“We knew what we wanted,” Shannon says. “Being St Kilda especially, we wanted a large beer garden … We also wanted to be able to use it all year round.”

The beer garden has been designed to work in summer and winter, with glazed walls and a retractable roof.

“Even if the roof and the front are all closed, you feel like you’re outside. There’s fully grown trees out there,” says Shannon. “You really do get the impression that you’re in a beer garden. With Melbourne’s weather – like, it just started to rain before – just close it up and carry on.”

Another bar on the mezzanine level overlooks Acland Street and can be booked for private events. The public bar will host live music on the weekends, and is equipped with TVs and a TAB.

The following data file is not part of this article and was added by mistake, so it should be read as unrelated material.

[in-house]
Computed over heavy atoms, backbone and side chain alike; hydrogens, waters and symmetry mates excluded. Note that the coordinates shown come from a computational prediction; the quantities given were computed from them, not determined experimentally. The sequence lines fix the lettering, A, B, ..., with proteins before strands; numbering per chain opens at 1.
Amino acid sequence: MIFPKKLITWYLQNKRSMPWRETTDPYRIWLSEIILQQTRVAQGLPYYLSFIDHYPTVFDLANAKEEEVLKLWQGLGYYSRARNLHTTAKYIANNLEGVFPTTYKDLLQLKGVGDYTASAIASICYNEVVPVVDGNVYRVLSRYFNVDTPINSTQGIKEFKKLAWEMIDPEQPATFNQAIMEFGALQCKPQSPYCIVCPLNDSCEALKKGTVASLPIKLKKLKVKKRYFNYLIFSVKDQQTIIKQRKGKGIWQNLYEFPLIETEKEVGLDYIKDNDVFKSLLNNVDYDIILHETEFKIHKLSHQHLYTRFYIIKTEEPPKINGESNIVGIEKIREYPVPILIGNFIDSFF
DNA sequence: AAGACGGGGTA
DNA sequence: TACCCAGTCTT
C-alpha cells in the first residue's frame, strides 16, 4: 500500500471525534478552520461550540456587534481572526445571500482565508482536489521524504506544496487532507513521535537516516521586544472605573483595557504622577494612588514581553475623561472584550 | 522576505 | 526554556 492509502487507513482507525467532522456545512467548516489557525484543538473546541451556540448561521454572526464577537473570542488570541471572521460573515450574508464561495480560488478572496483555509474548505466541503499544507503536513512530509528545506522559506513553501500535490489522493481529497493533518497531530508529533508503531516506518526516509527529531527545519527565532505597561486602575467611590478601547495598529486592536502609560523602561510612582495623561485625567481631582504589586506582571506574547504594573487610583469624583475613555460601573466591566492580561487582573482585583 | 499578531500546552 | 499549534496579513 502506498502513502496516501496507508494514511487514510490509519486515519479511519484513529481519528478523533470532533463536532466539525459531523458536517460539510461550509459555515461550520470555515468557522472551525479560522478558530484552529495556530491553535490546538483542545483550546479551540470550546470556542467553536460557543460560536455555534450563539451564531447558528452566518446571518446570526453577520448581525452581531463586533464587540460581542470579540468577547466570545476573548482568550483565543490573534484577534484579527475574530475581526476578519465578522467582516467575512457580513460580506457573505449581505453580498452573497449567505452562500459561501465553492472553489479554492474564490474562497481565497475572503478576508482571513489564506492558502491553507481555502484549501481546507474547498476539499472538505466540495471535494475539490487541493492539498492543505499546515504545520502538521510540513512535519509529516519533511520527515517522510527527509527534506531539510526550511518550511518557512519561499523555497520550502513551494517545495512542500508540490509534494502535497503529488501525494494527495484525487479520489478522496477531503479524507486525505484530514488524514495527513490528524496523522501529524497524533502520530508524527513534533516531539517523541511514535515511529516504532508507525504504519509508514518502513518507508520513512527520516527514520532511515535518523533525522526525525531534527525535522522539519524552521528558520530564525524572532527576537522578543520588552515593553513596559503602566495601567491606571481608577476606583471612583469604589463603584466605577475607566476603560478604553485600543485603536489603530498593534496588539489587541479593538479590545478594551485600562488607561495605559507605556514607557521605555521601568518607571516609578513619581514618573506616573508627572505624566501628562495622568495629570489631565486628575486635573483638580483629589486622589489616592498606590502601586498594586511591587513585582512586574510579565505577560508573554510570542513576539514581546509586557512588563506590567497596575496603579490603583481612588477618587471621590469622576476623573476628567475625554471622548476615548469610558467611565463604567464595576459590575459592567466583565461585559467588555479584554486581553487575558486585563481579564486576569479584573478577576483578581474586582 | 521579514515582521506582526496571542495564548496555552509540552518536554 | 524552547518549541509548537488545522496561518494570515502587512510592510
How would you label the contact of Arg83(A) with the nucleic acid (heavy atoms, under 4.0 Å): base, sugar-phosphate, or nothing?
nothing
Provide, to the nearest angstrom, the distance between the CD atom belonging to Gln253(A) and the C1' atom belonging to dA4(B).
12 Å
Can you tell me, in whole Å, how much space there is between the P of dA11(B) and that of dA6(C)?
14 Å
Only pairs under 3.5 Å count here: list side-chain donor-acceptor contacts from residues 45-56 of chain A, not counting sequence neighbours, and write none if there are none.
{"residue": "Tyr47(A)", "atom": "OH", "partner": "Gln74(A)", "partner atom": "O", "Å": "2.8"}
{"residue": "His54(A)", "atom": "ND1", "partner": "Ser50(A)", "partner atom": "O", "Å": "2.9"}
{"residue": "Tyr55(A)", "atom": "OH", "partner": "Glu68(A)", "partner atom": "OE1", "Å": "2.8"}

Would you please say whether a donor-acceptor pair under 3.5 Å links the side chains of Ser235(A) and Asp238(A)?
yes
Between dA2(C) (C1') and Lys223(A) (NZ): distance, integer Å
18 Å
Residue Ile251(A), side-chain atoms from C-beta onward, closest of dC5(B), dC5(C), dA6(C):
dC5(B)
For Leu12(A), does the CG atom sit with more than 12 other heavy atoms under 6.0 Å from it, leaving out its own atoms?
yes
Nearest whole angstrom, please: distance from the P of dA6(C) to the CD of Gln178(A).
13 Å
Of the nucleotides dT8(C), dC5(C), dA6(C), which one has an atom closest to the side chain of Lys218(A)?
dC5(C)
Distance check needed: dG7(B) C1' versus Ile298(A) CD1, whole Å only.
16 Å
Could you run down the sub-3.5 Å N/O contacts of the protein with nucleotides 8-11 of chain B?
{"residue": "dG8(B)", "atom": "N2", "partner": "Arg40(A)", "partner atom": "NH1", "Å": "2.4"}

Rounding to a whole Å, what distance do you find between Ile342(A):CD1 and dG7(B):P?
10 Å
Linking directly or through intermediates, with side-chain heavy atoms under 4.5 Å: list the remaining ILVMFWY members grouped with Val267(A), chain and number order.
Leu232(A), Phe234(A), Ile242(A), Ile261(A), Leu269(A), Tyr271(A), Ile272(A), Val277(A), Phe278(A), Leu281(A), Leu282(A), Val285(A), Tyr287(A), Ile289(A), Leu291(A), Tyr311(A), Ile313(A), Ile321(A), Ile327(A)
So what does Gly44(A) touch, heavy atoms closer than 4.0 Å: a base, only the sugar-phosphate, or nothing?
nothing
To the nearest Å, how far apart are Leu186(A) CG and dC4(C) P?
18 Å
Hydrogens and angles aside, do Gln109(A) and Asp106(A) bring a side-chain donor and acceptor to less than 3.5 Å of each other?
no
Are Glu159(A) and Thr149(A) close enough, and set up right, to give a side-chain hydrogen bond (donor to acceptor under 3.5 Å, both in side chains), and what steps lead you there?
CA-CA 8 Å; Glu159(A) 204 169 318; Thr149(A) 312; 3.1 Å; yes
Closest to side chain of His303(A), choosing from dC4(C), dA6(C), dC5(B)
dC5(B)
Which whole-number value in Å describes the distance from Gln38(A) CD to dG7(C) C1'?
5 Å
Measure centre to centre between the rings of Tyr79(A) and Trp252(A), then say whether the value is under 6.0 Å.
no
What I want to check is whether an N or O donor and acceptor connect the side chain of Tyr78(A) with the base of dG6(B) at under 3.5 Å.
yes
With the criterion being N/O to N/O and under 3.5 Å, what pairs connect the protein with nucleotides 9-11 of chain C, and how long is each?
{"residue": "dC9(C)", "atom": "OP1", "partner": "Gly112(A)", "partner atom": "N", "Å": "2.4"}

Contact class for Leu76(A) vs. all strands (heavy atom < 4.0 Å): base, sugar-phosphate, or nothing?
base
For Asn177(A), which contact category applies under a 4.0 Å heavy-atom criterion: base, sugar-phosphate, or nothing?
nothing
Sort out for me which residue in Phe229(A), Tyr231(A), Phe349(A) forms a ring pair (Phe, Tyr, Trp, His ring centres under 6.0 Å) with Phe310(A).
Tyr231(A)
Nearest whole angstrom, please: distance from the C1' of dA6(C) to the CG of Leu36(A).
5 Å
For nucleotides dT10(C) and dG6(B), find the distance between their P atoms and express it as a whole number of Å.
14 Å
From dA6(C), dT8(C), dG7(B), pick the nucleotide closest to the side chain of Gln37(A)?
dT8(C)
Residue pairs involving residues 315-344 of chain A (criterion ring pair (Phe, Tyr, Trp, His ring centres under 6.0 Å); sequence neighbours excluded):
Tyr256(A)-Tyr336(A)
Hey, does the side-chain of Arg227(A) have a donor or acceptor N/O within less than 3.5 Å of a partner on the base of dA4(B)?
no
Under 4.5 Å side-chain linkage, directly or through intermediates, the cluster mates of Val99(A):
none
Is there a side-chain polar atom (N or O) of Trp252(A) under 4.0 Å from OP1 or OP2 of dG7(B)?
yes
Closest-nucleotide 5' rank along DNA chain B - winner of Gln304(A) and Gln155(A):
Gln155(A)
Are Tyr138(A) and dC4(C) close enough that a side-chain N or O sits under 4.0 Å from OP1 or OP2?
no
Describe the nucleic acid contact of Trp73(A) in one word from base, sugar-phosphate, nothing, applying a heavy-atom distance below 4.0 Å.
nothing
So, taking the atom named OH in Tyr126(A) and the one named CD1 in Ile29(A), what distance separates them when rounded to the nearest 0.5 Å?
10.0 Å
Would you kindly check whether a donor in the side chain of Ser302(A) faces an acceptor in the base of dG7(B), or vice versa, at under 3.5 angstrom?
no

Mathew Macartney, the former executive chef of Chateau Yering and The Lake House, is running the kitchen. His menu includes whole fish with almond, caper and burnt-butter sauce alongside chicken parmas.

“Coming from fine dining, Matt’s got a lot of pizzazz,” Shannon says. “We’ll have your parmigiana and steaks, with his sort-of edginess to everything.

“Most of his suppliers are local producers, with a lot of stuff from the Yarra Valley.”

The Village Belle reopens in December.

Two break-ins in 12 months calls for council action

John
John Caio at the front of the store he has called home for 39 years. Photo source: Stephanie Vigilante

Since the doors first opened at Impulse Fashions 39 years ago, retailer John Caio has shared many milestones with customers, staff and family.